Conflict Resolution, Part 2

+ Return to Blog Home
August 4, 2013

Resolving conflicts, simple or complex, requires the grounding in interpersonal commincations, thinking, negotiation, influences, and persuasion. The process runs from formal, legal processes, e.g., lawsuits, to important matters that remain outside the realm of the court of law, the everyday issues in organizational leadership. Sometimes referred to as Alternative Dispute Resolution (ADR), these range from grievance programs to arbitration to mediation, some voluntary and some not. Complex business environments need all of these models.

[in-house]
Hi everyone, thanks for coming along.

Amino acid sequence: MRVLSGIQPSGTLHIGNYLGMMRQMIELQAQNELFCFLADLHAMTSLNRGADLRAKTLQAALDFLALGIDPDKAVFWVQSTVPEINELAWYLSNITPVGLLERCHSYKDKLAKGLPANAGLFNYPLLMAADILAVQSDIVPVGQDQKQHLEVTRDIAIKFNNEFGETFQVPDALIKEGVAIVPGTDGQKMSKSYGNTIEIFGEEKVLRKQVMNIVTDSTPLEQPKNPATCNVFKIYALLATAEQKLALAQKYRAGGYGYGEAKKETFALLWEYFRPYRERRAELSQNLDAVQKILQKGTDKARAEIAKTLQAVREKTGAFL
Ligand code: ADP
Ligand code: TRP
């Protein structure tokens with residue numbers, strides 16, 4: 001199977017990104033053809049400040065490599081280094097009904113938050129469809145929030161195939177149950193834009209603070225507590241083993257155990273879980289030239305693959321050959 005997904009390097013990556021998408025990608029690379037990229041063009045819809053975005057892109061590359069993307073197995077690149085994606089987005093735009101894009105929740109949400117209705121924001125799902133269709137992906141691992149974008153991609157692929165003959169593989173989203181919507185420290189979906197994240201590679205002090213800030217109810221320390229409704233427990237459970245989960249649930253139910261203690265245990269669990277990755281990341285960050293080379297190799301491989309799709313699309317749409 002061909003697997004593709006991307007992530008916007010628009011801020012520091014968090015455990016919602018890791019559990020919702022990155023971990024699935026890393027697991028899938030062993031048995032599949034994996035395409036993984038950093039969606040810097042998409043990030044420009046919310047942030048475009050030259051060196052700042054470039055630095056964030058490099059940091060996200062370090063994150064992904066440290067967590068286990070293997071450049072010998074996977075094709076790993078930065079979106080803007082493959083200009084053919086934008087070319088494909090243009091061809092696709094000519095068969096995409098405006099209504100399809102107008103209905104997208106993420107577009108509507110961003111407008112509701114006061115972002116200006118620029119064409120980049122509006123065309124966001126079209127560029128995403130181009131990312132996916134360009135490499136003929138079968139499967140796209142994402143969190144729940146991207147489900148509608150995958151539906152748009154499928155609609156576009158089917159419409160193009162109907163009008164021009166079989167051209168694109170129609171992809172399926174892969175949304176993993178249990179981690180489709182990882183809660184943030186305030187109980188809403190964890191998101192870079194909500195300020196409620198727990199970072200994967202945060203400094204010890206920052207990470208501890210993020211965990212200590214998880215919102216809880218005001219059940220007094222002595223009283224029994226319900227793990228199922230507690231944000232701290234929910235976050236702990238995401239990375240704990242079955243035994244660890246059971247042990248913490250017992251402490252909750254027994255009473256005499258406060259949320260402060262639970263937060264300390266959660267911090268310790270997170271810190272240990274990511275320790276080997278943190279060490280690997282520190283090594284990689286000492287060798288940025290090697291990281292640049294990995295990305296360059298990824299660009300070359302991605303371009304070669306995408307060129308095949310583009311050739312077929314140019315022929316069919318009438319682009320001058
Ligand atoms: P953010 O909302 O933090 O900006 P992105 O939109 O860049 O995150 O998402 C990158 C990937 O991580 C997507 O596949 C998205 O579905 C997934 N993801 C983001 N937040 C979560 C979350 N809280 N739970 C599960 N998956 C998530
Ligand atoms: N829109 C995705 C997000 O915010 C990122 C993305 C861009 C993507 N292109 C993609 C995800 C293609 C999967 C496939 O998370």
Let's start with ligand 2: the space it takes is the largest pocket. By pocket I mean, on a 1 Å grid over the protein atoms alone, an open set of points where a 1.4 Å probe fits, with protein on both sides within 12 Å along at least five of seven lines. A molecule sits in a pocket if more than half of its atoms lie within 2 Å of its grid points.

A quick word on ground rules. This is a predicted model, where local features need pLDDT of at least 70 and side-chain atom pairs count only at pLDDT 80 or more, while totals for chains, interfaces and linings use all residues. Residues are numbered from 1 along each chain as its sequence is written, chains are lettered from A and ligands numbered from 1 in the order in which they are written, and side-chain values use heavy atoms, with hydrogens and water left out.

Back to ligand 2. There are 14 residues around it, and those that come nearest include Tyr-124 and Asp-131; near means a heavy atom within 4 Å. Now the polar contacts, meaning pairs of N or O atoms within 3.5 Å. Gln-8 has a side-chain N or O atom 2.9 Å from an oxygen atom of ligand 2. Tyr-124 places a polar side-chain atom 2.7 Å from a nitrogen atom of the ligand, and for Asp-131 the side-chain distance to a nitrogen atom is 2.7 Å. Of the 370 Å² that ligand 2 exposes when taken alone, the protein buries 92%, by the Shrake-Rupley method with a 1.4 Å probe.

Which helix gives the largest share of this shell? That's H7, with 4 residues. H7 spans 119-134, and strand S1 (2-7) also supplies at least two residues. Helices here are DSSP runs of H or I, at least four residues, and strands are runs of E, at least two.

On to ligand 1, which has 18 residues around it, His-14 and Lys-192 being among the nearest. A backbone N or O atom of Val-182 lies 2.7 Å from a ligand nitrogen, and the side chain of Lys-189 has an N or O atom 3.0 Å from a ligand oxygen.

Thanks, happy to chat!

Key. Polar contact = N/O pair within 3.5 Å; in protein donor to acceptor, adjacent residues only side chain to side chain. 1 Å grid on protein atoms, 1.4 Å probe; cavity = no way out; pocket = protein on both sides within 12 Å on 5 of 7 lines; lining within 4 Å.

Mediation and arbitration share one purpose: to bring parties together so they can devise a best solution. Most arbitration is dictated and takes the organization out of the process; most mediation is a form of voluntary intervention where conflicting parties select a third party to mediate their dispute. There are some guidelines, such as the moral commitment to resolve differences, just as there are certain kinds of matters that are not suited to such informal forms of dispute resolution, such as legal matters and important precedents on organizational matters where the locus of control is with management or with the governing board. Every day leaders negotiate, influence, and persuade. Some cases require outside guidance to diffuse the tensions, remove the perception of overbearing control by one party, and to bring a process of rigor to the matter to create a chance for a better outcome.